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- Nov 2018
Hospitalists were seen as people to lead the charge for safety because they were already taking care of patients, already focused on reducing LOS and improving care delivery—and never to be underestimated, they were omnipresent, Dr. Gandhi says of her experience with hospitalists around 2000 at Brigham and Women’s Hospital in Boston. “At least where I was, hospitalists truly were leaders in the quality and safety space, and it was just a really good fit for the kind of mindset and personality of a hospitalist because they’re very much … integrators of care across hospitals,” she says. “They interface with so many different areas of the hospital and then try to make all of that work better.”
role of hospitalists in safety and quality
Two years later, IOM followed up its safety push with “Crossing the Quality Chasm: A New Health System for the 21st Century.” The sequel study laid out focus areas and guidelines to start reducing the spate of medical mistakes that “To Err Is Human” lay bare.
“When the IOM report came out, it gave us a focus and a language that we didn’t have before,” says Dr. Wachter, who served as president of SHM’s Board of Directors and to this day lectures at SHM annual meetings. “But I think the general sensibility that hospitalists are about improving quality and safety and patients’ experience and efficiency—I think that was baked in from the start.”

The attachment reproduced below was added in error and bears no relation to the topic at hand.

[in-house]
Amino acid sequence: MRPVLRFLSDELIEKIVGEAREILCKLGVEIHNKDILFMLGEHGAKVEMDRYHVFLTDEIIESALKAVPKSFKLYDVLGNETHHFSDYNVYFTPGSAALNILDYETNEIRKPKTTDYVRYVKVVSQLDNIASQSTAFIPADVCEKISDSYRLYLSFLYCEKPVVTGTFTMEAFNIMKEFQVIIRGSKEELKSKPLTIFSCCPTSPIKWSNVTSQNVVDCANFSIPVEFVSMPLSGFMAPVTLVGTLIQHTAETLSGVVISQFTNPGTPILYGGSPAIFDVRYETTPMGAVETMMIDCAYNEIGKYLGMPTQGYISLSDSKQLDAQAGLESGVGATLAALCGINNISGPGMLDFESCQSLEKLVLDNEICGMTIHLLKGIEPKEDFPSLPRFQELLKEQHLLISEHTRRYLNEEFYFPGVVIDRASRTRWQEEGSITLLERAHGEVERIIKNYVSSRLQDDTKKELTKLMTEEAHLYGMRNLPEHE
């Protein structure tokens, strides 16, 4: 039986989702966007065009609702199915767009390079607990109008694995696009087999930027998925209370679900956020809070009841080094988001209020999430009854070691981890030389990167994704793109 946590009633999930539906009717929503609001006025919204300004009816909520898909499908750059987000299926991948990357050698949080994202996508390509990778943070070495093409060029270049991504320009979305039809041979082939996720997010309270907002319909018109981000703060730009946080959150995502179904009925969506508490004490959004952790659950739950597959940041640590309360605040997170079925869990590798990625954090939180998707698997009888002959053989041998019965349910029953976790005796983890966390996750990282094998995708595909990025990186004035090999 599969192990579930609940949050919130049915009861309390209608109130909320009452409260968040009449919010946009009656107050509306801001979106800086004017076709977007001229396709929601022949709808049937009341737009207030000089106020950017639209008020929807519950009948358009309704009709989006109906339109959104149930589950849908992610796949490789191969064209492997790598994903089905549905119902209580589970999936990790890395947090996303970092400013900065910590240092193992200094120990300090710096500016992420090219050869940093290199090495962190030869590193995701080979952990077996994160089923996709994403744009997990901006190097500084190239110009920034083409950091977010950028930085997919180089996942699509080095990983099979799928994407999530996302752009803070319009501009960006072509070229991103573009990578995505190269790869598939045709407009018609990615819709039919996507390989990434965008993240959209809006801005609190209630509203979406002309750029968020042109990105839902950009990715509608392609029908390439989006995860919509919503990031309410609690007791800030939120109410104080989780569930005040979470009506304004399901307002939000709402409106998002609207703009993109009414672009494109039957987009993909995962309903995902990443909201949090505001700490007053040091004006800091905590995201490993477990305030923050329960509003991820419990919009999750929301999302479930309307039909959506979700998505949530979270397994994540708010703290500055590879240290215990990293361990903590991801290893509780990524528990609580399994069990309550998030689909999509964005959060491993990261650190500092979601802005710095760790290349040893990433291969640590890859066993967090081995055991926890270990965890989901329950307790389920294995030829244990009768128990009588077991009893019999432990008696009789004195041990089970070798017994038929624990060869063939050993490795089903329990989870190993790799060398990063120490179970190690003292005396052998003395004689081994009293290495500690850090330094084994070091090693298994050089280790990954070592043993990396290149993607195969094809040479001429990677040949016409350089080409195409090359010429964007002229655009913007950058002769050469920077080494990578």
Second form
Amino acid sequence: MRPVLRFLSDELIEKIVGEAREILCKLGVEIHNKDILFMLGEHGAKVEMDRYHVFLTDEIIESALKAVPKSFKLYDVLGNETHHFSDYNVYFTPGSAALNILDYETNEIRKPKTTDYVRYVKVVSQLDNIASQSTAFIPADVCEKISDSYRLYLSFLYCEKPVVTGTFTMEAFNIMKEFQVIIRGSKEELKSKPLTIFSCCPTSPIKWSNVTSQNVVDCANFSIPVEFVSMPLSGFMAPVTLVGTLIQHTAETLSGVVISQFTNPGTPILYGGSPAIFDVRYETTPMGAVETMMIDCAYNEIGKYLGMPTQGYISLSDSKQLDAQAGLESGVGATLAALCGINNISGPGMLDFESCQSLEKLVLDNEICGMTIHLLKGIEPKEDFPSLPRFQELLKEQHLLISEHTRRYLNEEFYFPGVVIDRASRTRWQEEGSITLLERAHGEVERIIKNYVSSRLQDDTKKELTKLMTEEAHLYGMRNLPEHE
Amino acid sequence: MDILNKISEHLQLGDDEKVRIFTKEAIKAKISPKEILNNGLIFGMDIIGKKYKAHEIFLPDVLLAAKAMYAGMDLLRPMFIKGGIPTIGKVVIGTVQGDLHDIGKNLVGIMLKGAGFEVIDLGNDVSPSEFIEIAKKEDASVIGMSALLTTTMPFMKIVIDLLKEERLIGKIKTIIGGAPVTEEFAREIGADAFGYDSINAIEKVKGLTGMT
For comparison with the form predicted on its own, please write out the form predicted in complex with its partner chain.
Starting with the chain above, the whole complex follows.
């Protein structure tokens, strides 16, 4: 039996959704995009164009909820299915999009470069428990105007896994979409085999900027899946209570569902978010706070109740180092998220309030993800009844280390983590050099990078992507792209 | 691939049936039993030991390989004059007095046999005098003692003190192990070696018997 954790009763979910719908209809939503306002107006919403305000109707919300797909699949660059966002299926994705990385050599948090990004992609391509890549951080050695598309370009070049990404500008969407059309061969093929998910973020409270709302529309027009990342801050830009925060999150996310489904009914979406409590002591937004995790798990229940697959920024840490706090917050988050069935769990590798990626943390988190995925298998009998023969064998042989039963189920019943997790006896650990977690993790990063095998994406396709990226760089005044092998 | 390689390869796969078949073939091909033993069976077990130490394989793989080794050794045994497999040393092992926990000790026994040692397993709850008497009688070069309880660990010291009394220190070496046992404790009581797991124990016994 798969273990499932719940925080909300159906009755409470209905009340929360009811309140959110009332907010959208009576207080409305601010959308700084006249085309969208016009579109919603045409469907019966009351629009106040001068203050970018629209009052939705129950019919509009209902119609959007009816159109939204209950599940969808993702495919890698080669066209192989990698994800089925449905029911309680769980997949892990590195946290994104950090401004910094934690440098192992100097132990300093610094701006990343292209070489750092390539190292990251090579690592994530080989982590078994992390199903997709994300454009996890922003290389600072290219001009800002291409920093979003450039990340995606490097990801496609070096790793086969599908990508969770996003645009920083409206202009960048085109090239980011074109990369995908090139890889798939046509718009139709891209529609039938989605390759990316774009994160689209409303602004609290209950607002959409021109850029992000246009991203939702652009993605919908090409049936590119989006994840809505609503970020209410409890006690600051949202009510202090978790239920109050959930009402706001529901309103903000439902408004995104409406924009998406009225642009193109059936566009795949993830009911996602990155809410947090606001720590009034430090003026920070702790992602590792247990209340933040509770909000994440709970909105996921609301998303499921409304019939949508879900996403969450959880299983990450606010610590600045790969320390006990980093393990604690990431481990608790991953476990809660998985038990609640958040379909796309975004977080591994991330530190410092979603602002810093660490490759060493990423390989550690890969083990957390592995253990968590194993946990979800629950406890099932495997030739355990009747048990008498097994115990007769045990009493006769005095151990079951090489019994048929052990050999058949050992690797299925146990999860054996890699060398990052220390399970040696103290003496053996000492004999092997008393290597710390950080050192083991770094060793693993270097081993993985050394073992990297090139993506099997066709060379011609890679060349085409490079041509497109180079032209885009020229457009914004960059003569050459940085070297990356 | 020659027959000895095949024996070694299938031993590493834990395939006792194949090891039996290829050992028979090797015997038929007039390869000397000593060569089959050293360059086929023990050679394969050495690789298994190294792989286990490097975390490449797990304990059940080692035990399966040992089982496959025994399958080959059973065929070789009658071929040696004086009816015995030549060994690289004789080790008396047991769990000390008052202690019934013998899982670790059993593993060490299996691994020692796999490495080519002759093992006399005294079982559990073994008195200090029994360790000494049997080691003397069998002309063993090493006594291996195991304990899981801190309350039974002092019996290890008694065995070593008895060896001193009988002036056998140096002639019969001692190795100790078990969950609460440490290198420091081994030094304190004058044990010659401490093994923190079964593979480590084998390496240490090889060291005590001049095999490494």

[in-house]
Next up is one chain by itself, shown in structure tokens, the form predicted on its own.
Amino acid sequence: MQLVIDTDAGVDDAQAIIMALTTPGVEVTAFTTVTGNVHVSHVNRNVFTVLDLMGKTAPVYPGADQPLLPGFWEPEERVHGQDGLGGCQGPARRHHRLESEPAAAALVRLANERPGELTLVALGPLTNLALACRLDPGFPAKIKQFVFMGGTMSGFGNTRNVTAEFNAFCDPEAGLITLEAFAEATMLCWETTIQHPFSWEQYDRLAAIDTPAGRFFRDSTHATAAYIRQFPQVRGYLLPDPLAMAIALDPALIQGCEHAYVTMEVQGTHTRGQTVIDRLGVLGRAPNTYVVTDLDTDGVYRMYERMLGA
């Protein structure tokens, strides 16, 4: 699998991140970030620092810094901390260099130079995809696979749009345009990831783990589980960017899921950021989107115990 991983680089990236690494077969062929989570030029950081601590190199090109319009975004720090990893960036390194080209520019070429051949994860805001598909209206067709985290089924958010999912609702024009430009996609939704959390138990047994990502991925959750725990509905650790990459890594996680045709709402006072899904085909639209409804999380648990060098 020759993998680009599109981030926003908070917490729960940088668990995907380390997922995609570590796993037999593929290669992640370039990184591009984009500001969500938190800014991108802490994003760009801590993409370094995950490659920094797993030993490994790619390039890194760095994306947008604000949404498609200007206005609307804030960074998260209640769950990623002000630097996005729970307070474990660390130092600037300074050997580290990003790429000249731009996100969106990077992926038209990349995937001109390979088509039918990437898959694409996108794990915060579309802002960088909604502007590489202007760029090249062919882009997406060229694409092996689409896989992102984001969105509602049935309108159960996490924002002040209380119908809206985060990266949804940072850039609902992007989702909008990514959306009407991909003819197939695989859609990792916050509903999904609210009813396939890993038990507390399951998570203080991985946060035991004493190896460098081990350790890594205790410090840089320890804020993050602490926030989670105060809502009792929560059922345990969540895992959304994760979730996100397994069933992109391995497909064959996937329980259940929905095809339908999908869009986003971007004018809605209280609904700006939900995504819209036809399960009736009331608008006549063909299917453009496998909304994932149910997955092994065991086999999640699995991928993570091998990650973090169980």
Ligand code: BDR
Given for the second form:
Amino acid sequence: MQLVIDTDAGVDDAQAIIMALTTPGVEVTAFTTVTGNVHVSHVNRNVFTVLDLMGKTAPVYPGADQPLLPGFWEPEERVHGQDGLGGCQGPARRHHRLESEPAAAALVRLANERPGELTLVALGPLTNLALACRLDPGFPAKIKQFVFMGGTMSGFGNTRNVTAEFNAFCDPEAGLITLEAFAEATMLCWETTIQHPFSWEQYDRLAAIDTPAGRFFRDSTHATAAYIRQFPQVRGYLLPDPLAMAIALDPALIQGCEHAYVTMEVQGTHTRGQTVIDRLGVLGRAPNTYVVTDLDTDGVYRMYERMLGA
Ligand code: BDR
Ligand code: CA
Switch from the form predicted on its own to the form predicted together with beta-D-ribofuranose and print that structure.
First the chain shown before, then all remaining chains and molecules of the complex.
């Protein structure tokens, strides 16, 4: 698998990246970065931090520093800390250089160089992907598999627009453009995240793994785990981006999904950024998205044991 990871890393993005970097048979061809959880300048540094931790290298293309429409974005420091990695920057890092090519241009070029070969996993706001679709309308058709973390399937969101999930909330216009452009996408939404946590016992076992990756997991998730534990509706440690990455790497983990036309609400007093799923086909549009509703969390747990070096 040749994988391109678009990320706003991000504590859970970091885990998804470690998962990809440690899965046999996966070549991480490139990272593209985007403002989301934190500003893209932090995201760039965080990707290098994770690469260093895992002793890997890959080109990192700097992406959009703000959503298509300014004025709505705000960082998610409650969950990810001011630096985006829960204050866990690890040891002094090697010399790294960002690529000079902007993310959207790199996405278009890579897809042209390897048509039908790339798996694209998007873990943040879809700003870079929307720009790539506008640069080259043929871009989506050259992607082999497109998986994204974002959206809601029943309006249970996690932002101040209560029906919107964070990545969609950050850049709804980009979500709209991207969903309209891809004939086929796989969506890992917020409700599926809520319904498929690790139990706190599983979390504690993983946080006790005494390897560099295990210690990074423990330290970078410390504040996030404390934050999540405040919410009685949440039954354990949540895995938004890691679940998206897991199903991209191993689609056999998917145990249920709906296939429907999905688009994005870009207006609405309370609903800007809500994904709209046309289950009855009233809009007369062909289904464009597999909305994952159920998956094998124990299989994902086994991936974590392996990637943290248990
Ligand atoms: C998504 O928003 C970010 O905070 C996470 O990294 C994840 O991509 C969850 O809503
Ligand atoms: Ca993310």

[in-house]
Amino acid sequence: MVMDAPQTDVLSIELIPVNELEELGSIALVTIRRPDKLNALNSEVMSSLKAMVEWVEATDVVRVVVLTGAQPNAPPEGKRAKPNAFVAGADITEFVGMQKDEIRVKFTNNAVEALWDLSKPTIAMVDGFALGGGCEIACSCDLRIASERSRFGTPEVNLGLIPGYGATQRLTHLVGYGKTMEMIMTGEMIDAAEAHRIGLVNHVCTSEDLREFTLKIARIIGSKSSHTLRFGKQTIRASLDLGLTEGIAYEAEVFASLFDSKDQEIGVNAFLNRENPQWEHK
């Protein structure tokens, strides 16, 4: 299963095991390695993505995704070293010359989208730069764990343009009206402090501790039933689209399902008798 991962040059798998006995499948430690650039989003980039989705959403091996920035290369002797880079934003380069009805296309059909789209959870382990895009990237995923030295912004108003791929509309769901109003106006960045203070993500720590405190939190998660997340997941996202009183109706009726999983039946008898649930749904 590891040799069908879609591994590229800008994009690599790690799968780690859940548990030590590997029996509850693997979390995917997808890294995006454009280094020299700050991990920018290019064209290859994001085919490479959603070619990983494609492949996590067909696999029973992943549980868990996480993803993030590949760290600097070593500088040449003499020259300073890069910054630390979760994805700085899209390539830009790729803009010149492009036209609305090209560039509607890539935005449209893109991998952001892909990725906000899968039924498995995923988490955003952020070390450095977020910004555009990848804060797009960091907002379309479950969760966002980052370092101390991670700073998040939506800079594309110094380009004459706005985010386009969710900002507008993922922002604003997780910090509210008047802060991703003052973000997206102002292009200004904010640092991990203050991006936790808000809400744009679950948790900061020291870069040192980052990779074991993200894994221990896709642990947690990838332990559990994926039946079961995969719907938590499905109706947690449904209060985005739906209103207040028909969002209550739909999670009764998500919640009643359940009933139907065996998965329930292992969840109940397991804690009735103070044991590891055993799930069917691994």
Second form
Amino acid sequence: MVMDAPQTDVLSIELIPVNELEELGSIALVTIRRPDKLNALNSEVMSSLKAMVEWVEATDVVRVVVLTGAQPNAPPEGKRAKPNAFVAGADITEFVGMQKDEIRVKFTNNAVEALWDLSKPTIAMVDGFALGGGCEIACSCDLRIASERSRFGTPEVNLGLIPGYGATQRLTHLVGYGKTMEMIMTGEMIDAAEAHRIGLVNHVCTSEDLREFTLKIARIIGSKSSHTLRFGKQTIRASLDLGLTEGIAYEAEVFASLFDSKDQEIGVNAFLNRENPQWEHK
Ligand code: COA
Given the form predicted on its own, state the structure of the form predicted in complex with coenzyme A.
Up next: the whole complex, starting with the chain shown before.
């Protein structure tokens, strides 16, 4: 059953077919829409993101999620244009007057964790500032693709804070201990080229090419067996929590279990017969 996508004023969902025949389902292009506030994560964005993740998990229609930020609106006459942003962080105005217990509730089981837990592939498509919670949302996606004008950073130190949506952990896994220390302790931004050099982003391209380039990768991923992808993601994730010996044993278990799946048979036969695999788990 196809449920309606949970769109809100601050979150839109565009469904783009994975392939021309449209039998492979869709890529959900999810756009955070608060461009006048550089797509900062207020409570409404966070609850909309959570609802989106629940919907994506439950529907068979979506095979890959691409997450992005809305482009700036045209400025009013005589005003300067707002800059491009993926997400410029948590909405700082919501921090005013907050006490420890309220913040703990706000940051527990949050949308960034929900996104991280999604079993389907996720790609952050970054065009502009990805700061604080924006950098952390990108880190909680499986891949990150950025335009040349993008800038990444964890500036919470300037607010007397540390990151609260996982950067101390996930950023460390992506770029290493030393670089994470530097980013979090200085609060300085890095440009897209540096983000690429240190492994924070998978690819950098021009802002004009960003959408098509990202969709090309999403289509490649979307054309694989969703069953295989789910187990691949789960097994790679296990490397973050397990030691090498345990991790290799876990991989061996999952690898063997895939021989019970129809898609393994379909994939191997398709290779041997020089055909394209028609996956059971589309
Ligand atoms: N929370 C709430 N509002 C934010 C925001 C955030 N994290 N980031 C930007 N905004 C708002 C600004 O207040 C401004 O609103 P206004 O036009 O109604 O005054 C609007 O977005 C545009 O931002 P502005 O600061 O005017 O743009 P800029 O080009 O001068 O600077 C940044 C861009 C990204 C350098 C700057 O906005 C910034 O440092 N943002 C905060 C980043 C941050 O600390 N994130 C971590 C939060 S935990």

The federal Agency for Health Care Policy and Research was renamed the Agency for Healthcare Research and Quality (ARHQ) to indicate the change in focus.
Dr. Wachter and other early leaders pushed the field to become involved in systems-improvement work. This turned out to be prophetic in December 1999, when patient safety zoomed to the national forefront with the publication of the Institute of Medicine (IOM) report “To Err Is Human.” Its conclusions, by now, are well-known. It showed between 44,000 and 98,000 people a year die from preventable medical errors, the equivalent of a jumbo jet a day crashing. The impact was profound, and safety initiatives became a focal point of hospitals.
“My feeling at the time was this was a good idea,” Dr. Wachter says. “The trend toward our system being pushed to deliver better, more efficient care was going to be enduring, and the old model of the primary-care doc being your hospital doc … couldn’t possibly achieve the goal of producing the highest value.”
How can care be made further efficient? E.g., integration, cost-sharing, payment-sharing, parent partners, nurse partners
- To Err is Human
- hospital medicine
- hospitalist model
- Crossing the Quality Chasm
- growth spurt